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What’s HIPAA?

The Health Insurance Portability and Accountability Act (HIPAA) Privacy, Security, and Breach Notification Rules protect the privacy and security of health information. The blog post below will help you understand the HIPAA Basics your business needs to be in compliance with. They also provide individuals with certain rights as it pertains to their health information. You as a provider, play a vital role in protecting the privacy and security of patient information and ePHI data.

This blog post covers discussed the following

  • Privacy Rule – Sets national standards for when protected health information (PHI) may be used and disclosed.
  • Security Rule – Specifies safeguards that covered entities and business associates have to implement in order to protect the confidentiality, integrity and availability of electronic protected health information (ePHI)
  • Breach Notification Rule – Requires that covered entities notify any affected individuals in conjunction with the U.S. Department of Health & Human Services of any breaches of unsecured PHI.

HIPAA Privacy Rule

The HIPAA Privacy Rule establishes standards to protect PHI data held by these entities and their business associates:
● Health plans
● Health care clearing-houses
● Health care providers that conduct certain health care transactions electronically

When “you” is used in this blog post, we’re referring to these entities and persons. The Privacy Rule gives individuals important rights with respect to their protected PHI, including rights to examine and obtain a copy of their health records in the form and manner they request, and to ask for corrections to their information. Also, the Privacy Rule permits the use and disclosure of health information needed for patient care and other important purposes.

HIPAA Security Rule

The HIPAA Security Rule specifies safeguards that covered entities and their business associates must implement to protect ePHI confidentiality, integrity, and availability. Covered entities and business associates must develop and implement reasonable and appropriate security measures through policies and procedures to protect the security of ePHI they create, receive, maintain, or transmit. The security rule is a fundamental part of any basic HIPAA plan. Each entity must analyze the risks to ePHI in its environment and create solutions appropriate for its own situation. We’re experts when it comes to any and all types of industry compliance and with the help of our Cyber Security and Managed IT Services we ensure your business keeps HIPAA data secure, no matter what. What is reasonable and appropriate depends on the nature of the entity’s business as well as its size, complexity, and resources. Specifically, covered entities must:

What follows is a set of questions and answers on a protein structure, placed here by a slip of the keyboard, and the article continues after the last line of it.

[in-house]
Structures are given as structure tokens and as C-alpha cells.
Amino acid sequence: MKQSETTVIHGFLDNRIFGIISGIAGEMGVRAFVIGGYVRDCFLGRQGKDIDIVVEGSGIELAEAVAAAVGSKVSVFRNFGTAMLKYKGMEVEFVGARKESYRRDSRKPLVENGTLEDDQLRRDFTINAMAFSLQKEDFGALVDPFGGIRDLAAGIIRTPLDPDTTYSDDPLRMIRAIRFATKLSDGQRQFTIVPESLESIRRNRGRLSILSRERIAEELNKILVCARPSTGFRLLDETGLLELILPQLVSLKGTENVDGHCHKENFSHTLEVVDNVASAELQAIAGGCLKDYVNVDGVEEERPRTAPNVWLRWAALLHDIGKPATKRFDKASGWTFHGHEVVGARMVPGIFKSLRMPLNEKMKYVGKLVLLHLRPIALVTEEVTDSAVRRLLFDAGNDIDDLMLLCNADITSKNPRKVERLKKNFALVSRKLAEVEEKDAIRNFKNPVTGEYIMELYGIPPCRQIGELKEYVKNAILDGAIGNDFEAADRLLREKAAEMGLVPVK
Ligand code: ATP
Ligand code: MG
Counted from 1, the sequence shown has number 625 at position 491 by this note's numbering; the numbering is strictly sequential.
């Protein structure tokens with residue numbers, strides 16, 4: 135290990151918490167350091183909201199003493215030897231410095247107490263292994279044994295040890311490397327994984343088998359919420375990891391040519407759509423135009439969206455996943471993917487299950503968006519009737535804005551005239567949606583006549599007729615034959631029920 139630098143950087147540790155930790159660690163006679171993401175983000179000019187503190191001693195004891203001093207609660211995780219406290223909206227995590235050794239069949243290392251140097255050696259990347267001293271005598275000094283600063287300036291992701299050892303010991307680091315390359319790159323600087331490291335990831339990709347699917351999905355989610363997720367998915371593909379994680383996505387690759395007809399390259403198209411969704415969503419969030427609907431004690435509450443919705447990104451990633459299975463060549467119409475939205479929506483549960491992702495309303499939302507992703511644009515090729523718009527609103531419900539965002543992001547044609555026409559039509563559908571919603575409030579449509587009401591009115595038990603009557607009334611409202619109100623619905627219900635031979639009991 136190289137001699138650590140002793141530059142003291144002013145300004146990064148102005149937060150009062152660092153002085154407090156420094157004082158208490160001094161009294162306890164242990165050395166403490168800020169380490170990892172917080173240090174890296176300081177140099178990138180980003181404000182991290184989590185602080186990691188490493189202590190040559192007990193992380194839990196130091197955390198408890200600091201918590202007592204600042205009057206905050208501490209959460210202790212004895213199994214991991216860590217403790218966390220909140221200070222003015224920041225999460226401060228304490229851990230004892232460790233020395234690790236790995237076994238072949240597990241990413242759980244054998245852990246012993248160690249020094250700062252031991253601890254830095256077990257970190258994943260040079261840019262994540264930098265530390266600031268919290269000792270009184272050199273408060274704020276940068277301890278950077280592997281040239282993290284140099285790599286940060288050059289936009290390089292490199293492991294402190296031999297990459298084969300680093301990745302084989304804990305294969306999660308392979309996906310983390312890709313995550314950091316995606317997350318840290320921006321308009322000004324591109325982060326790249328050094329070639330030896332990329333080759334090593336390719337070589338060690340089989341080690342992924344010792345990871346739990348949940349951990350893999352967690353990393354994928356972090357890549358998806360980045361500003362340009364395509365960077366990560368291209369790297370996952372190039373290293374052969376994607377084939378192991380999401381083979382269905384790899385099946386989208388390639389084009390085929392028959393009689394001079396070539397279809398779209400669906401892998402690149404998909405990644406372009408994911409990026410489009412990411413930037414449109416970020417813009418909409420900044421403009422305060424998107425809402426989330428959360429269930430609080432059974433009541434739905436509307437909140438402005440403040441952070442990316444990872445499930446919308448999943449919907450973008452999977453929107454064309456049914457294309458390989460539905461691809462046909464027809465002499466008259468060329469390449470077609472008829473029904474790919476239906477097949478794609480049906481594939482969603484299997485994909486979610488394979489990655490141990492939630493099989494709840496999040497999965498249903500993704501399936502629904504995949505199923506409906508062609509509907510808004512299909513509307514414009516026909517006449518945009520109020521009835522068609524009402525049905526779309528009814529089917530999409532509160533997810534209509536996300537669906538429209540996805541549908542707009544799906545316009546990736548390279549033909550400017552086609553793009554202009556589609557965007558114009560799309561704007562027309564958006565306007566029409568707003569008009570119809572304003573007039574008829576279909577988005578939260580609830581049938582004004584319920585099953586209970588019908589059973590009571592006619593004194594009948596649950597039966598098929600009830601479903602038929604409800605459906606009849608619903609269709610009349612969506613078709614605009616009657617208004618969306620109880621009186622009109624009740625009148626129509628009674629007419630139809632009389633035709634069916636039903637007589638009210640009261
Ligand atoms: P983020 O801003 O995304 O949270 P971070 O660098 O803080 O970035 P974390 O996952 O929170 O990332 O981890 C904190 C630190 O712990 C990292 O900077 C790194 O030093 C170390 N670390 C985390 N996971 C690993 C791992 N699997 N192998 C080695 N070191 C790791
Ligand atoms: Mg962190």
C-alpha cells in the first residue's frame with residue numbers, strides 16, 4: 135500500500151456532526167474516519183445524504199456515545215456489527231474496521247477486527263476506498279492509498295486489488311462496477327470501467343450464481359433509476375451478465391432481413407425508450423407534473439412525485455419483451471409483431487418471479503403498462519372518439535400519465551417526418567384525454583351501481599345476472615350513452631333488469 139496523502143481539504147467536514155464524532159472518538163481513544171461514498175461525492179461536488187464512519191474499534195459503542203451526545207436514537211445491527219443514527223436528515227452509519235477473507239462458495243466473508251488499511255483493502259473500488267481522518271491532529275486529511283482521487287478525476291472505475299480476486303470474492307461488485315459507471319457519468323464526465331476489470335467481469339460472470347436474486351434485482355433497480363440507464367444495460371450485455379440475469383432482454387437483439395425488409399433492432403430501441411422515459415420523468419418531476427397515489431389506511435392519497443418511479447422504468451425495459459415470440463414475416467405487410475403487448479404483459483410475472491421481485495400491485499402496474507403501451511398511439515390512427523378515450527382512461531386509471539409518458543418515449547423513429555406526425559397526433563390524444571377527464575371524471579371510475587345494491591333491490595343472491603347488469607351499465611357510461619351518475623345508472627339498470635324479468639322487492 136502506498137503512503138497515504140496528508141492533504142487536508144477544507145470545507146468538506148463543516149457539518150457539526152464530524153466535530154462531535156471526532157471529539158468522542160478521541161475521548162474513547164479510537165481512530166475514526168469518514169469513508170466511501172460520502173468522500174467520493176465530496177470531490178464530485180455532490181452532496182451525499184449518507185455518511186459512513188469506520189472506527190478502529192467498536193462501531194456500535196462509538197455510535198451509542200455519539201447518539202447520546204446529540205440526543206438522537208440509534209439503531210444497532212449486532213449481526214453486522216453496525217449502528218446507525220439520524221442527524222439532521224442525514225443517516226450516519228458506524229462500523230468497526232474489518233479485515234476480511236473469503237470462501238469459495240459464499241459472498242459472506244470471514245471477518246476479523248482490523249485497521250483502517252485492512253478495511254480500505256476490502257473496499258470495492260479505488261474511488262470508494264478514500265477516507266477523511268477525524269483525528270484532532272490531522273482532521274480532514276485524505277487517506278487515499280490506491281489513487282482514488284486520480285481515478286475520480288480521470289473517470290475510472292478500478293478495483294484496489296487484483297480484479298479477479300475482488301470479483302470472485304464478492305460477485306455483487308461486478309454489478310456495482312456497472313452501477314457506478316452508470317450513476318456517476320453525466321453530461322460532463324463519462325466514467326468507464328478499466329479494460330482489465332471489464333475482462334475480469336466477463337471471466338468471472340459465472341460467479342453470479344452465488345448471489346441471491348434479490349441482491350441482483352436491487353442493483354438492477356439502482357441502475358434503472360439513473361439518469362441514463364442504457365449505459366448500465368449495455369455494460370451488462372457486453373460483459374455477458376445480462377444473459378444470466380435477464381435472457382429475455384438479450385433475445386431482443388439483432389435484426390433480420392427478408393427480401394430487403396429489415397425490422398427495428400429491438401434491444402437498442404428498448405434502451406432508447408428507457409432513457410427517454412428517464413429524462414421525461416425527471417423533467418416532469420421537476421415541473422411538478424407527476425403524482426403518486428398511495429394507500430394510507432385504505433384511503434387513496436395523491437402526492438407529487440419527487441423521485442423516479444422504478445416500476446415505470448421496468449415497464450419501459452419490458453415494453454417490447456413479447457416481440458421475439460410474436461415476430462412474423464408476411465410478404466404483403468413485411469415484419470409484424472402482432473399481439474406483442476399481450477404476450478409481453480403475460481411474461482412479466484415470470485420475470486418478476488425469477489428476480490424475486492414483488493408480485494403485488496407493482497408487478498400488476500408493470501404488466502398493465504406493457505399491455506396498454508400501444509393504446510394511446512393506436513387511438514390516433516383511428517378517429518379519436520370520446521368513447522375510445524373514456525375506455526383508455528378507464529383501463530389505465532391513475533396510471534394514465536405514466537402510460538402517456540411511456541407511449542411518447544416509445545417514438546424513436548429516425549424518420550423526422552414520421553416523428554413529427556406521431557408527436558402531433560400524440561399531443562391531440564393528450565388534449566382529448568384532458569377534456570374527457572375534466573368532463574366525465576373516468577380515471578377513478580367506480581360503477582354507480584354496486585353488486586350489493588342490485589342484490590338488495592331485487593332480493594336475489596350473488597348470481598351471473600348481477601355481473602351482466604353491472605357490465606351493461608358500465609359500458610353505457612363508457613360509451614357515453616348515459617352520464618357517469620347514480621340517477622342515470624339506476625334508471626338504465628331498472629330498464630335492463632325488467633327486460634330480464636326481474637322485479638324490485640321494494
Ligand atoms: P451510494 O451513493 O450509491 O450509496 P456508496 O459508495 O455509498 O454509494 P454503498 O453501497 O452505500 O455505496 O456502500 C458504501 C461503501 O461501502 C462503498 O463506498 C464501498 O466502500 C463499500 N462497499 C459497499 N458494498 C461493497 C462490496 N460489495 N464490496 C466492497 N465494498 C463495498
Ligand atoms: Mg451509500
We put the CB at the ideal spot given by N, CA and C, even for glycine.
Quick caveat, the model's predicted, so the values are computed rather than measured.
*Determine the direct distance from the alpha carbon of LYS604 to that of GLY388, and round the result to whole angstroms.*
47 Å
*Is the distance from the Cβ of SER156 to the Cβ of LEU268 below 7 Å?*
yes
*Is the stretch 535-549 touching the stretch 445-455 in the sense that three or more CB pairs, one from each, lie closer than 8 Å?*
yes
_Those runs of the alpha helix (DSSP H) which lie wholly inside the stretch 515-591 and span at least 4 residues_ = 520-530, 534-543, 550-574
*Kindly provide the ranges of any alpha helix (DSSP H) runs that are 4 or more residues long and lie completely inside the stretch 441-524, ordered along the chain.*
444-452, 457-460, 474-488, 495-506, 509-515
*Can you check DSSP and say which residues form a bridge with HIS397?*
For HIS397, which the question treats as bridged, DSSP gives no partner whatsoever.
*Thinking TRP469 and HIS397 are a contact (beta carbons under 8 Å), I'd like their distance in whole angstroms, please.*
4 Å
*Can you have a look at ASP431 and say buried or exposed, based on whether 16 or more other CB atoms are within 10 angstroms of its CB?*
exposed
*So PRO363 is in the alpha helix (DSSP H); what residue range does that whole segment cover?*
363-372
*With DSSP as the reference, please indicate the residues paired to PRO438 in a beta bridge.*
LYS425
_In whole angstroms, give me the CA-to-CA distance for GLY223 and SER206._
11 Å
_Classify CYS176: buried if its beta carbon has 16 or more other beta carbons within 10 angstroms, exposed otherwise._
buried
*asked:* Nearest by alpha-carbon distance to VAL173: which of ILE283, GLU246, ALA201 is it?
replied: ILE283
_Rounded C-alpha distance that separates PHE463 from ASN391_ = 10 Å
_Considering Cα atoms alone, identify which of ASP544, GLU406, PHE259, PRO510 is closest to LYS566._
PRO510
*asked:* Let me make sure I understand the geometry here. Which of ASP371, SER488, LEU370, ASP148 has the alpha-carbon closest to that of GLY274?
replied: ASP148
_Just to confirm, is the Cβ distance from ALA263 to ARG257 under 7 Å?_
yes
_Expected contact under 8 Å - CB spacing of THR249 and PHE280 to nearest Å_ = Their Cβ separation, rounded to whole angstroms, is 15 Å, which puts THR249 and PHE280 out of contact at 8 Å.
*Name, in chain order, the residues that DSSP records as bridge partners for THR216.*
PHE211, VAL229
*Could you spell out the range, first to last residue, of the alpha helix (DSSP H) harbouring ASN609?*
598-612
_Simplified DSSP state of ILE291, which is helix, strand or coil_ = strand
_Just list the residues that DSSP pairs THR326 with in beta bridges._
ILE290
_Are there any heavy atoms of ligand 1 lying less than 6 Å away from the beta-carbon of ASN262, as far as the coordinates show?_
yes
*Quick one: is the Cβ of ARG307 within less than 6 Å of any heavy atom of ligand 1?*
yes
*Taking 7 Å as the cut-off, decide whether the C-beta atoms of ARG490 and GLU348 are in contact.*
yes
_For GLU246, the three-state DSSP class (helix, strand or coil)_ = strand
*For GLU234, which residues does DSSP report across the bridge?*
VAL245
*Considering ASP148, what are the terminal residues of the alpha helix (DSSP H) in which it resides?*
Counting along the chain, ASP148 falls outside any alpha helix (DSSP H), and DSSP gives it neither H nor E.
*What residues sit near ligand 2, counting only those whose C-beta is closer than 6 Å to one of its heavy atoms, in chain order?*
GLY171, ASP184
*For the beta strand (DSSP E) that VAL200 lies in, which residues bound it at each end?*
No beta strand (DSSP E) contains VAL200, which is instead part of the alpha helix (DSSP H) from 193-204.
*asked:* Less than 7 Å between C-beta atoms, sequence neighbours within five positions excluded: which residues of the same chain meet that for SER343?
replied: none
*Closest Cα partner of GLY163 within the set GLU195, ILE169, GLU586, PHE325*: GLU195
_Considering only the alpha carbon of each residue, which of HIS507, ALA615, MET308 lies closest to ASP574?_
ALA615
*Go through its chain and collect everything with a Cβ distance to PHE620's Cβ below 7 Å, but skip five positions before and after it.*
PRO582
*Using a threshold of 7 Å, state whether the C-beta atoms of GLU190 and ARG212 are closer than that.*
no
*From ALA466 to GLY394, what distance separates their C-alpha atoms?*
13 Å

● Ensure the confidentiality, integrity, and availability of
all ePHI they create, receive, maintain, or transmit
● Identify and protect against reasonably anticipated
threats to the security or integrity of the ePHI
● Protect against reasonably anticipated, impermissible
uses or disclosures
● Ensure compliance by their workforce

When following the HIPAA basics for developing and implementing Security Rule compliant safeguards, covered entities and their business associates may consider all of the following:
● Size, complexity, and capabilities
● Technical, hardware, and software infrastructure
● The costs of security measures
● The likelihood and possible impact of risks to ePHI

HIPAA Breach Notification Rule

The HIPAA Breach Notification Rule requires covered entities to notify affected individuals; HHS; and, in some cases, the media of a breach of unsecured PHI. Generally, a breach is an impermissible use or disclosure under the Privacy Rule that compromises the security or privacy of PHI. The impermissible use or disclosure of PHI is presumed to be a breach unless you demonstrate there is a low probability the PHI has been compromised based on a risk assessment of at least the following factors:
● The nature and extent of the PHI involved, including the types of identifiers and the likelihood of re-identification
● The unauthorized person who used the PHI or to whom the disclosure was made
● Whether the PHI was actually acquired or viewed
● The extent to which the risk to the PHI has been mitigated.
Most notifications must be provided without unreasonable delay and no later than 60 days following the breach discovery. Notifications of smaller breaches affecting fewer than 500 individuals may be submitted to HHS annually. The Breach Notification Rule also requires business associates of
covered entities to notify the covered entity of breaches at or by the business associate.

We hope that these HIPAA Basics help put things in to perspective to just how important it is to keep patient information secure. Our Managed IT Services for Medical Providers include all of these security rules as well as much more documentation to ensure every aspect of your business is HIPAA compliant and safe from cyber threats.

If you’re not currently following HIPAA standards and are involved in processing, transmitting or viewing PHI, it’s time for you to Contact Us and protect your business from huge fines and patients from loss of confidential information.

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